At Liverpool airport it is possible to buy a bike BAG from the information desk for 10 UKP. This is basically a huge polythene BAG into which the bike will fit without taking bits off (apart from the pedals which is a requirement)although you'll have to undo the handlebars and turn them so they're flush with the bike. Make sure you tighten them up in this position. You'll need some means of sealing the BAG: I take a roll of electricians insulating tape which does the job perfectly and is easy to remove afterwards.
The BAG will fold up to a package about 20cm by 6cm weighing 750 grams so is small enough and light enough to carry in a pannier. However you'll need to fold it carefully so that you exclude all the air so it's probably best to lay it on the floor and fold it from the bottom (i.e. the sealed end) squeezing the air out as you go. If you do this in the arrivals lounge of any international airport you will probably attract the attention of other passengers who may think you're some kind of street artist. Just ignore them!
AND was going to buy a similar bag (same price, Â£10) from BIKE ADVENTURES SHOP:
But on phoning them was told that Easyjet at Luton (our airport) refused to allow three guys on their plane using these bags forcing them to abandon both flight and holiday.
They are suing Easyjet through the small claims court but even if successful that wont compensate for the loss of their holiday.
We have got free bike boxes from our local bike shop but that requires removal of both wheels and handle bars so is far from a perfect solution. We shall also have to rely on getting new boxes from a local shop in Berlin for our return flight to Luton.
St Albans, England
Europe with Folders
In July - August of 05 we purchased Dahon Speed TR folding bicycles with the express purpose of making it easier to take them on planes & trains in Europe. Here are some of our experiences:
- Bikes & Bags: The Dahon Speed TR is an excellent touring bike, good range of gears, takes a good load, very comfortable. We deliberately sought out and bought the '04 model, as we did not trust the hydraulic brakes on the '05 in a touring scenario (especially after seeing a shop floor model with the fluid leaking). These bikes fold well, and we found they could be folded and quite carefully packed for travel in between 15 - 30 mins. We used large fabric bags specifically designed for folding bikes. Once packed, these bags are heavy and awkward to manoeuvre.
- Our first trip (London â Edinborough â London) netted some damage to the bikes (broken hub gear âclick boxâ, so we changed our packing technique. Our final packing technique involved: some cut down Styrofoam used for a protective case around the hub gear click-box/derailleur section. This was supplemented by a cut down piece of car washing sponge (which doubled as an excellent hip cushion whilst camping). Both these items and some masking tape, we carried with us, along with the folded up bike bags (which doubled as picnic rugs in messy spots). Before each flight/long train trip we scrounged newspaper and cardboard to line the base of the bags and protect various parts of the bike.
- On our final flights (Trieste-London, London-Thailand-Sydney) we used camping foam mattresses (all 1.3cm of comfort of it) to line the whole inside of the bag. This worked really well, and we will re-use this method as the mattress is light and easy to carry, and easy to obtain. Despite this level of protection, luggage handlers must be distrusted â one bike arrived back in Sydney with a bent rear hanger, which must have required a substantial blow.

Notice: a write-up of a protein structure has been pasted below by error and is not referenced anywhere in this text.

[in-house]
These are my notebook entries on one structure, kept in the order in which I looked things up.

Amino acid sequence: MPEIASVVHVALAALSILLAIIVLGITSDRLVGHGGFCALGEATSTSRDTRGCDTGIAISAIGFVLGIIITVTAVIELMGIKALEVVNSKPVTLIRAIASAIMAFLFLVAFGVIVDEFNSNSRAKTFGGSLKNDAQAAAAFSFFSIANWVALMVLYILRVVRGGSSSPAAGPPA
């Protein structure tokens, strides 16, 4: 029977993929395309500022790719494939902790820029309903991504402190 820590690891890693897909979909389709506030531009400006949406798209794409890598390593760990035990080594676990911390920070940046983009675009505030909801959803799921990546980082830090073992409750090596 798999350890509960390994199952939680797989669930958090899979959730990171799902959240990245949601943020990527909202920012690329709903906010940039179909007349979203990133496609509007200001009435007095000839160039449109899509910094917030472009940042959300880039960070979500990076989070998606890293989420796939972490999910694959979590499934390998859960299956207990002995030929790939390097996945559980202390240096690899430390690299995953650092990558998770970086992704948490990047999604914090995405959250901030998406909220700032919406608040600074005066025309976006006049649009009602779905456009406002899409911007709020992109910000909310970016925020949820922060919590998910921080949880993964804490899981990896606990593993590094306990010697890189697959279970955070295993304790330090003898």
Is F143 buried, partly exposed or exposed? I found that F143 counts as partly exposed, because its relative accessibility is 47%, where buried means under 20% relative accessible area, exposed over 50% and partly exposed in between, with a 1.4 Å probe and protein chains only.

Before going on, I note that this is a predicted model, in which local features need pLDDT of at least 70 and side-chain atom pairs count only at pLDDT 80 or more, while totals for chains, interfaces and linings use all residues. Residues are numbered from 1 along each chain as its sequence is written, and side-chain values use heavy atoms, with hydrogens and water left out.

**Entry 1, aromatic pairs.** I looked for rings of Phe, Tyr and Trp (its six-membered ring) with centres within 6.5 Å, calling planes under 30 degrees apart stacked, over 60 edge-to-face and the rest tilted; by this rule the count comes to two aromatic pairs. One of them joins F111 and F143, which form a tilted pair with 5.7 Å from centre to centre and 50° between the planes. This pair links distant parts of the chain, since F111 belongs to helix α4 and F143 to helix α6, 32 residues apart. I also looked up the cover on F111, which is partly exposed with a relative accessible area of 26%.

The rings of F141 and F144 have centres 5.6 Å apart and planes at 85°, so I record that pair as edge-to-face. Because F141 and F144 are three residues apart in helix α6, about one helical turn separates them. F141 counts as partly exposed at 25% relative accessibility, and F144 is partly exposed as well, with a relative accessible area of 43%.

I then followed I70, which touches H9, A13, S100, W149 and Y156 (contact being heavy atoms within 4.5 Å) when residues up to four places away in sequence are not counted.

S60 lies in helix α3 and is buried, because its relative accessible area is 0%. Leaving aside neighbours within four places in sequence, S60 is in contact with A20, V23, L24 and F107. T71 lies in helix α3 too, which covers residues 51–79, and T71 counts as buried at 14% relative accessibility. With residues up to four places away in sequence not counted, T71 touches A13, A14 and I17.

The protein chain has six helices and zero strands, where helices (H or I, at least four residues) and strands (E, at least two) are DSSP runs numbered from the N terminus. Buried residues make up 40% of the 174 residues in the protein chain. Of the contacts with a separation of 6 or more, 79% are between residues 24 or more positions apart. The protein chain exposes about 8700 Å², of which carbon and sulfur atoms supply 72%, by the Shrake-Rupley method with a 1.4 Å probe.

- Airlines. Ryan Air: London-Edinborough-London. No extra charges for bikes, loaded via oversize luggage but arrived back on general luggage conveyer in London. Easyjet: London â Linz. Charged extra for bikes despite the fact we had no other checked luggage and were within our allowance. No special handling despite paying extra. Generally unpleasant and punitive for bringing a bike, even a folder that is no bigger than a large suitcase anyway. Easyjet: Trieste â London. Again charged extra and no special handling. Would not recommend Easyjet. Lufthansa: London â Thailand. Lufthansa were great. They have a flat charge for bicycles, which beats paying excess baggage for them (this time we had other checked baggage also). But we were lucky and were not charged at all, due to some special frequent flyer status we have with United. Thai: Thailand â Sydney. In theory bikes were to be charged as excess baggage, however we were not charged at all, again the frequent flyer thing helped.
- Trains: took numerous short and long train journeys in Scotland, Austria, Hungary-Slovenia, Slovenia. Found the folders fantastic in this respect, as could fold & pack them for trains where no bicycles were allowed, or where it was not clear whether bicycles were allowed, or where charges for bicycles were made.
- Overall: folders were not as easy as we thought, and the careful packing required for flying is a bit of a pain. However unlike a box packed full size bicycle, they can be loaded into normal taxis, buses or trains. And components do not need to be removed to the same extent. And they are easier (although awkward) to carry in their âpackedâ state than boxed normal bikes. We had thought we would sell these bikes, but like riding them so much we are keeping them and will no doubt use them for further adventures.
Easyjet require bikes to be bagged or boxed
Apparently Easyjet have had problems with unboxed/bagged bikes damaging their aircraft and now insist that all bikes are bagged or boxed.
At Liverpool airport it is possible to buy a bike bag from the information desk for 10 UKP. This is basically a huge polythene bag into which the bike will fit without taking bits off (apart from the pedals which is a requirement)although you'll have to undo the handlebars and turn them so they're flush with the bike. Make sure you tighten them up in this position. You'll need some means of sealing the bag: I take a roll of electricians insulating tape which does the job perfectly and is easy to remove afterwards.